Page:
In recent years, more and more people have established foundations as their primary philanthropic vehicle. The amount that foundations give in grants is determined by the size of their endowments.
Foundations are legally mandated to expend at least 5% of the value of their assets each year. Most of this “payout” is given as grants. In recent years, there has been debate within the philanthropic world about whether or not foundations should be required to contribute more than 5% annually. Some foundations do elect to give out more than 5% annually.
Who’s Getting the Money?
An analysis of foundation giving demontrates that educational organizations and programs received the highest share of foundation grant dollars, followed by health, human services, and arts/culture.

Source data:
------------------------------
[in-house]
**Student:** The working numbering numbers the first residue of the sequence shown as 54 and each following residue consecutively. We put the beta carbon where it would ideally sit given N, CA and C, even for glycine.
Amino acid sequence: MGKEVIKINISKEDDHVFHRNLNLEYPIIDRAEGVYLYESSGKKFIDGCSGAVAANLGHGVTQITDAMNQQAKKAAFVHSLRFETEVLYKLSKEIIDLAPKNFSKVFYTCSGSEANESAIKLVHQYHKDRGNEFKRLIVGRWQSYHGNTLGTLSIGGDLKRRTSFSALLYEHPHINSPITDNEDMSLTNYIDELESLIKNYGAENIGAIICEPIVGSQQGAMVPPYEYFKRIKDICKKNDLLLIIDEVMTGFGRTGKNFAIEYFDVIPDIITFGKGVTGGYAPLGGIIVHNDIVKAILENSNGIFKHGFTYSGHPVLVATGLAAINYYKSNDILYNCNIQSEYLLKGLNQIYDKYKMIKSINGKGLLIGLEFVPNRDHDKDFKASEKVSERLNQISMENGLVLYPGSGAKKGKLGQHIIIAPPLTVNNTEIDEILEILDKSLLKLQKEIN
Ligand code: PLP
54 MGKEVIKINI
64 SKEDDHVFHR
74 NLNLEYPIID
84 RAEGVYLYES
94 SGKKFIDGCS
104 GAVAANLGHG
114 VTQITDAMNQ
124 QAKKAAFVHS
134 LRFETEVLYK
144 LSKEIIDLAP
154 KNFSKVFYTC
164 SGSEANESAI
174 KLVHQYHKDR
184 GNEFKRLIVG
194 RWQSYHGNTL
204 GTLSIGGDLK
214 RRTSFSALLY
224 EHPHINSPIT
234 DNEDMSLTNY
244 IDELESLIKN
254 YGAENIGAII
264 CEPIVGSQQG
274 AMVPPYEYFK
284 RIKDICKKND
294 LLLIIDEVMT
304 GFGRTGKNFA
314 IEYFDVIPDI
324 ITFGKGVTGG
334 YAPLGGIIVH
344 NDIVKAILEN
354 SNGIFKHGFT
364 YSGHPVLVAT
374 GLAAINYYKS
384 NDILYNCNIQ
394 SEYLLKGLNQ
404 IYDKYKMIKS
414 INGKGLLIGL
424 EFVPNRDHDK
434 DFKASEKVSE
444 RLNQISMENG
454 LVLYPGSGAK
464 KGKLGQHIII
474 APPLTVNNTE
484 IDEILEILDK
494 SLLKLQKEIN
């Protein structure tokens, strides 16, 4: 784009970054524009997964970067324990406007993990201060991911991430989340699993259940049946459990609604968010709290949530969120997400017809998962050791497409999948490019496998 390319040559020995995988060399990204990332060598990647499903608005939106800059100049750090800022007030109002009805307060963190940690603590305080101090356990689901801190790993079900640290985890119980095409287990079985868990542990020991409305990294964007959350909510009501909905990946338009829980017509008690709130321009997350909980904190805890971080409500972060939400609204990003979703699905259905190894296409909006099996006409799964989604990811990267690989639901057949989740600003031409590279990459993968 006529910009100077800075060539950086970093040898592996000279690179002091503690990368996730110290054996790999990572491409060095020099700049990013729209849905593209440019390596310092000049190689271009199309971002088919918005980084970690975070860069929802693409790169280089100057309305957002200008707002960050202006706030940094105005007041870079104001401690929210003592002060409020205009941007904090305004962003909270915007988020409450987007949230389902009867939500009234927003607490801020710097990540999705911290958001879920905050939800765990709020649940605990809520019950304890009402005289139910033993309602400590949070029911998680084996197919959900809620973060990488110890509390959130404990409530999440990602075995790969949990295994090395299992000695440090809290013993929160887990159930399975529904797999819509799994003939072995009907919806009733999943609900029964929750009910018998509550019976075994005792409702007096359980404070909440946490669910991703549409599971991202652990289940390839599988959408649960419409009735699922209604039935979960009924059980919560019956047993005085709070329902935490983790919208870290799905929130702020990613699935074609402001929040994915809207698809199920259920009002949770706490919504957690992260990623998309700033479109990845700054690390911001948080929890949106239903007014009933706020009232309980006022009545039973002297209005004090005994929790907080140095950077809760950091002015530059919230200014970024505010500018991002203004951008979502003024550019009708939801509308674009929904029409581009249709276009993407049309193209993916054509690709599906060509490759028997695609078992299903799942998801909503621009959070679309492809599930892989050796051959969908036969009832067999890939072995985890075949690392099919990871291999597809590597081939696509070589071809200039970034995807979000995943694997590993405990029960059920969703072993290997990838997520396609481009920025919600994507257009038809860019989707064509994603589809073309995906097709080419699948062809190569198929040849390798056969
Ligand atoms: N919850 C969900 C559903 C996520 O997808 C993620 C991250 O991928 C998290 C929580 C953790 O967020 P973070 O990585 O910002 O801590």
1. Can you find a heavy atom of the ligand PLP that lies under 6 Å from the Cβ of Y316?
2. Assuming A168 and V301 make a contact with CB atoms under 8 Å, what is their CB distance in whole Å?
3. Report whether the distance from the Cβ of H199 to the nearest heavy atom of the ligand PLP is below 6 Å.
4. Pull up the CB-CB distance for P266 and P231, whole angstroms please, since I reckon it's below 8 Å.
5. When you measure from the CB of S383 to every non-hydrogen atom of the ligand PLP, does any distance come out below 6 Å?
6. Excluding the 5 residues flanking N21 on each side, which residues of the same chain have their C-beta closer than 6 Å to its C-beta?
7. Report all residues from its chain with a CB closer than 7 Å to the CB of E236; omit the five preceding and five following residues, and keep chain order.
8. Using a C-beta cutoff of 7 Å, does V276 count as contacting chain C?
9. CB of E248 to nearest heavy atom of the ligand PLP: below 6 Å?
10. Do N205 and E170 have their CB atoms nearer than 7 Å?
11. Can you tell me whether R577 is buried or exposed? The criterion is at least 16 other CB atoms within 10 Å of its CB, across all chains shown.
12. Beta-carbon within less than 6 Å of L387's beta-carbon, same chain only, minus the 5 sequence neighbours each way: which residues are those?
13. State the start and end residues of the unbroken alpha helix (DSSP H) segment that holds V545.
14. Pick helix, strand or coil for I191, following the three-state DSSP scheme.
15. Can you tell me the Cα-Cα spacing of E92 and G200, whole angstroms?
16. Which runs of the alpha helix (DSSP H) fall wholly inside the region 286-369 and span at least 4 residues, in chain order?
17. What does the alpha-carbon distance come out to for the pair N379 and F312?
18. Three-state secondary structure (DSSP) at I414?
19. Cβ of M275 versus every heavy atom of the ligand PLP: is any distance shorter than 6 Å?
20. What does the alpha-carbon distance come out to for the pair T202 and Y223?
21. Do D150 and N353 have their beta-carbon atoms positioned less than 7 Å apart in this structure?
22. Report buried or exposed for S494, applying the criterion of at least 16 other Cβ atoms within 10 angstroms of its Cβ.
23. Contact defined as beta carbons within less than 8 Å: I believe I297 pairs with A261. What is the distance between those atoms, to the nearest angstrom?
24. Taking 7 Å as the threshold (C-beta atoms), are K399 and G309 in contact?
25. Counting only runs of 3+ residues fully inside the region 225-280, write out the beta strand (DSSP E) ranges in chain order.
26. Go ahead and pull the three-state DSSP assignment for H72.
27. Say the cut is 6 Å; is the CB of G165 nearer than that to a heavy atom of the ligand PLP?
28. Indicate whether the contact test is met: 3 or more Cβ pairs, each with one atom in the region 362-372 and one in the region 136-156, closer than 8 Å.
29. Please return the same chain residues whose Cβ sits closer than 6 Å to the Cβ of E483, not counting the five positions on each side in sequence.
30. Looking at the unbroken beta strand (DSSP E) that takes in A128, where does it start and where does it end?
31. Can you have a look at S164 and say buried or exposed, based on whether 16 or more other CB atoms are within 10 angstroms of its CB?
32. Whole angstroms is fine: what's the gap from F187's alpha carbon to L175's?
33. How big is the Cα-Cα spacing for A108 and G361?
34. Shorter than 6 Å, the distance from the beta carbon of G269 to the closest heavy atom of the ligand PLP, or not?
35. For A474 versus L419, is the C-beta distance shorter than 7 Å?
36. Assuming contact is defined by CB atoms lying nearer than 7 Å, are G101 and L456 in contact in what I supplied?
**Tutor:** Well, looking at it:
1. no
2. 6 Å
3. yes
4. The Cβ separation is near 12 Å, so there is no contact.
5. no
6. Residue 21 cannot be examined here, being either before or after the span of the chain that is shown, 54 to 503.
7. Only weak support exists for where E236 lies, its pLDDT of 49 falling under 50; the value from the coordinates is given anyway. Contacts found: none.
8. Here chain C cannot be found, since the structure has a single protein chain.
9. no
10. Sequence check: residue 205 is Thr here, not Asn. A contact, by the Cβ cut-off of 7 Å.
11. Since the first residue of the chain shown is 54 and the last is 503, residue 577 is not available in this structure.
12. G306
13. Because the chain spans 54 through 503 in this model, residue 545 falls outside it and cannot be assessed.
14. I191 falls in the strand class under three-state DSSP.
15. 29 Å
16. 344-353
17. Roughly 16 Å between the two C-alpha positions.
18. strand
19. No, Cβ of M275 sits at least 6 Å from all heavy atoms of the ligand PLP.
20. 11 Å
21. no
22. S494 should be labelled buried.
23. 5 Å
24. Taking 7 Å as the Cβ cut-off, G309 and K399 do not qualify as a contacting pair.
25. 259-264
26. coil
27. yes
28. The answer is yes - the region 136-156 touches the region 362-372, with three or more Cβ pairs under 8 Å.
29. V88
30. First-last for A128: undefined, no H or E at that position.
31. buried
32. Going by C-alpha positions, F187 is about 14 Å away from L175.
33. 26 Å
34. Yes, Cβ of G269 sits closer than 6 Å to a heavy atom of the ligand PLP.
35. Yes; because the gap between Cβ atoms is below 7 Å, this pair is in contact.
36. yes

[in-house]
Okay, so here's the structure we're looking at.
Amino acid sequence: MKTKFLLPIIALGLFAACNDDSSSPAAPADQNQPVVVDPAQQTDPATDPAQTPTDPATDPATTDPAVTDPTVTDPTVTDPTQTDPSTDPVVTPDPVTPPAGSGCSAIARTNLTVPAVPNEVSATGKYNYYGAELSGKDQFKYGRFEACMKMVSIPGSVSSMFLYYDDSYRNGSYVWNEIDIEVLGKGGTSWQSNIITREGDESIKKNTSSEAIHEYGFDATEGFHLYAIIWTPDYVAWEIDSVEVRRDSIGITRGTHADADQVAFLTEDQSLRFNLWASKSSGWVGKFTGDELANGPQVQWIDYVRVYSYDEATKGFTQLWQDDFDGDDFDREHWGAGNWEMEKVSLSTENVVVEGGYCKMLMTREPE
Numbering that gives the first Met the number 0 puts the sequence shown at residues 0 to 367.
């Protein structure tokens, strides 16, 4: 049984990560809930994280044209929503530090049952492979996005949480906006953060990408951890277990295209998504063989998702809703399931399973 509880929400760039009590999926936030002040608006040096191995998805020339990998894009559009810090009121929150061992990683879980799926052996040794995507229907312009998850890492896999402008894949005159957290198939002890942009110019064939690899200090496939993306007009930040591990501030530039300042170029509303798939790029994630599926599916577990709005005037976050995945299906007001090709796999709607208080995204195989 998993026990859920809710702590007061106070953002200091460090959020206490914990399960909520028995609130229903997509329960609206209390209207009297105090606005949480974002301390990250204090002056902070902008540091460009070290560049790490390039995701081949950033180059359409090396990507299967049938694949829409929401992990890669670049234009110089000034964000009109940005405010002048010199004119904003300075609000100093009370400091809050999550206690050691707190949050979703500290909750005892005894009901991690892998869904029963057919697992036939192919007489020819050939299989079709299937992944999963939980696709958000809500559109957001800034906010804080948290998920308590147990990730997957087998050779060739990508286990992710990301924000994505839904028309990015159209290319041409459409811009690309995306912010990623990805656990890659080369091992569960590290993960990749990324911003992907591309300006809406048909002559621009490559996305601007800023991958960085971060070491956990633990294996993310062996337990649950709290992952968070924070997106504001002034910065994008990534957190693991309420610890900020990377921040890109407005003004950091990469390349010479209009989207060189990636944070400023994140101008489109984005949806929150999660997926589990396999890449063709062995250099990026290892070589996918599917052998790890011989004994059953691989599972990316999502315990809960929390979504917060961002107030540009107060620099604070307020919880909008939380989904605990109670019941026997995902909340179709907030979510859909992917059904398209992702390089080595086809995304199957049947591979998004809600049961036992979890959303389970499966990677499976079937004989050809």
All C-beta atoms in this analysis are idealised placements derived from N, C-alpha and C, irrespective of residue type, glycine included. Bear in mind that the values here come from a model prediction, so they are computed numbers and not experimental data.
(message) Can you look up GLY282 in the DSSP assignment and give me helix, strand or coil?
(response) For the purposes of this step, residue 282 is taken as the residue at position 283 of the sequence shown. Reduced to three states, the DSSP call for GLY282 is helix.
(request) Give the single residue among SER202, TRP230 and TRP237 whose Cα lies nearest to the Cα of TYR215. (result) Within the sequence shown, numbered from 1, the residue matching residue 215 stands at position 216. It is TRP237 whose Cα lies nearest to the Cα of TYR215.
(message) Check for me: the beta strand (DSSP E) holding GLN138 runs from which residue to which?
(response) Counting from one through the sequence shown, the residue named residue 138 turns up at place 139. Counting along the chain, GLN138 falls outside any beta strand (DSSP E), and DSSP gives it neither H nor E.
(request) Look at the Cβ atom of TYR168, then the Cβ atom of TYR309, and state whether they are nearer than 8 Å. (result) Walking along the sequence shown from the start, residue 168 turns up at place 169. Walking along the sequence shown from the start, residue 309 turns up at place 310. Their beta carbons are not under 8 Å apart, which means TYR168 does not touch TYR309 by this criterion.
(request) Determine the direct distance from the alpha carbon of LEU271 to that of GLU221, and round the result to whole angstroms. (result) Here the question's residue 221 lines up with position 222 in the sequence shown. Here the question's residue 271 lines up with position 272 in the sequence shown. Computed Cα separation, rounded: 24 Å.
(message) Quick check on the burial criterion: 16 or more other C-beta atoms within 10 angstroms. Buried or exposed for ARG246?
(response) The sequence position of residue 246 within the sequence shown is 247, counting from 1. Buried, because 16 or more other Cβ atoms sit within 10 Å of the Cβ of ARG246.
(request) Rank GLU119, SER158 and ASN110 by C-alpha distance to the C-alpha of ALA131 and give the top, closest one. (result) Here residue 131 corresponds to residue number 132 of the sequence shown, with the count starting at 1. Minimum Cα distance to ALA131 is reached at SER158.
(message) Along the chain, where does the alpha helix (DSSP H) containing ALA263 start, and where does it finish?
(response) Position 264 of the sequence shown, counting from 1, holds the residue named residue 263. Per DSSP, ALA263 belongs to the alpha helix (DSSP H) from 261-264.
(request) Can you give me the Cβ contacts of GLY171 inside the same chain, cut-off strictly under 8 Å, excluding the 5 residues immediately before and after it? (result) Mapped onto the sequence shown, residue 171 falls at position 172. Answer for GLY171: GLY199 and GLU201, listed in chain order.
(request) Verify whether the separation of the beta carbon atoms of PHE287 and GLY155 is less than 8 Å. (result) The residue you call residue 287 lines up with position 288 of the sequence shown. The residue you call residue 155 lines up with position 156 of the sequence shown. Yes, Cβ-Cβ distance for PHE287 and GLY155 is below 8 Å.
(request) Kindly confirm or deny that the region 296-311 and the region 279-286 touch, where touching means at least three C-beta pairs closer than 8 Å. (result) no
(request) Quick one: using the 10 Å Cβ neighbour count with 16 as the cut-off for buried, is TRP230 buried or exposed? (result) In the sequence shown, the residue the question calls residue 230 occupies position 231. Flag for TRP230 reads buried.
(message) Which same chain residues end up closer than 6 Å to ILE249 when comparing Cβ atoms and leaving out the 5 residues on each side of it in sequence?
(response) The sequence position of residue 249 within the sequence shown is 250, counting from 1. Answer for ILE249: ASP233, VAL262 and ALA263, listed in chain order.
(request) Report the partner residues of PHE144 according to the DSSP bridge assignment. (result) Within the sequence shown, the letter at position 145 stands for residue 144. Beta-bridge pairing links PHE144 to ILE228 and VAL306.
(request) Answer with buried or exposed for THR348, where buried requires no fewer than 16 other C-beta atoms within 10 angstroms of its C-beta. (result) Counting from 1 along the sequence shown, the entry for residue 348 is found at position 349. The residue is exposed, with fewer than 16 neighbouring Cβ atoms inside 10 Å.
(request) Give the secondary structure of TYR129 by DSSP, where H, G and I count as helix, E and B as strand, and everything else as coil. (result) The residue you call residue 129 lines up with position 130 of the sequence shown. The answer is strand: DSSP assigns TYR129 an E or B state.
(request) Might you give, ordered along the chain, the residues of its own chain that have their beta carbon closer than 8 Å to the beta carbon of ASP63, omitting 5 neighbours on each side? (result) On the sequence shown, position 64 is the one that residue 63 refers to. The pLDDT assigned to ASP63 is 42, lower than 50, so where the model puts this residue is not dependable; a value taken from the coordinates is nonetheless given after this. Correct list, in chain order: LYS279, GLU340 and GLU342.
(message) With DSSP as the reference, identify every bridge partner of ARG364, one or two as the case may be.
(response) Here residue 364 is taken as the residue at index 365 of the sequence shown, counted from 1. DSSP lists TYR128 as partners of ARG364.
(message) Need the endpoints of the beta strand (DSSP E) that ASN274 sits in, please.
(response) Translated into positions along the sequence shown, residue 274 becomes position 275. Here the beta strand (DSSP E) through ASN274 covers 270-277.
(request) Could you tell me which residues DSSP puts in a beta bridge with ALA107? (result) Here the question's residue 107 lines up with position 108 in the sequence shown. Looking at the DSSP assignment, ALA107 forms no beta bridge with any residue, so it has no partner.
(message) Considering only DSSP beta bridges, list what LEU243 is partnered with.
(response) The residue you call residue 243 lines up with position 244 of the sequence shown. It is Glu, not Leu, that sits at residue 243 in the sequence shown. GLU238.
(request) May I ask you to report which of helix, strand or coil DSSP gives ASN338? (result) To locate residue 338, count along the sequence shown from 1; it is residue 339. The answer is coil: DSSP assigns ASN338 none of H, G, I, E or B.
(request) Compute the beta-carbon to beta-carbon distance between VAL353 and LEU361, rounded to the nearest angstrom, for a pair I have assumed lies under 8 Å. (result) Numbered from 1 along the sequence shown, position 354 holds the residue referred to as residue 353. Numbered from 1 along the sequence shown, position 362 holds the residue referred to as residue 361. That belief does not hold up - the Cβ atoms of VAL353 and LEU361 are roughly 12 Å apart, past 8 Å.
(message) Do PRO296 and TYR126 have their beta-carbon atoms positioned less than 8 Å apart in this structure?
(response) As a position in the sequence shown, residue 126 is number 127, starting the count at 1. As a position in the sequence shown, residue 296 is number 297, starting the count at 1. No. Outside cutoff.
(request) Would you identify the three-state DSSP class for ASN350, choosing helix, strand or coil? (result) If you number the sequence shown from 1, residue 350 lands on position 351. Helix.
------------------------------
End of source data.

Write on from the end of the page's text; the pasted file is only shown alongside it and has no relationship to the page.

While it is tempting to look immediately to the largest and best known foundations for support, it’s important to note that small and mid-sized foundations gave proportionally more to arts/culture and to human services organizations than did the nation’s largest funders. Overall:
- Private foundations tended to favor grants for education, health, human services, and arts/culture.
- Corporate foundations tended to favor giving for public affairs/society benefit.
- Community foundations typically made grants to human services organizations.
In general, foundations continued to prefer project grants over general operating support. However, gifts for general operating support are on the rise. Organizations that fall into the “public affairs/society benefit” category and to arts and cultural organizations are the most likely to receive operating support.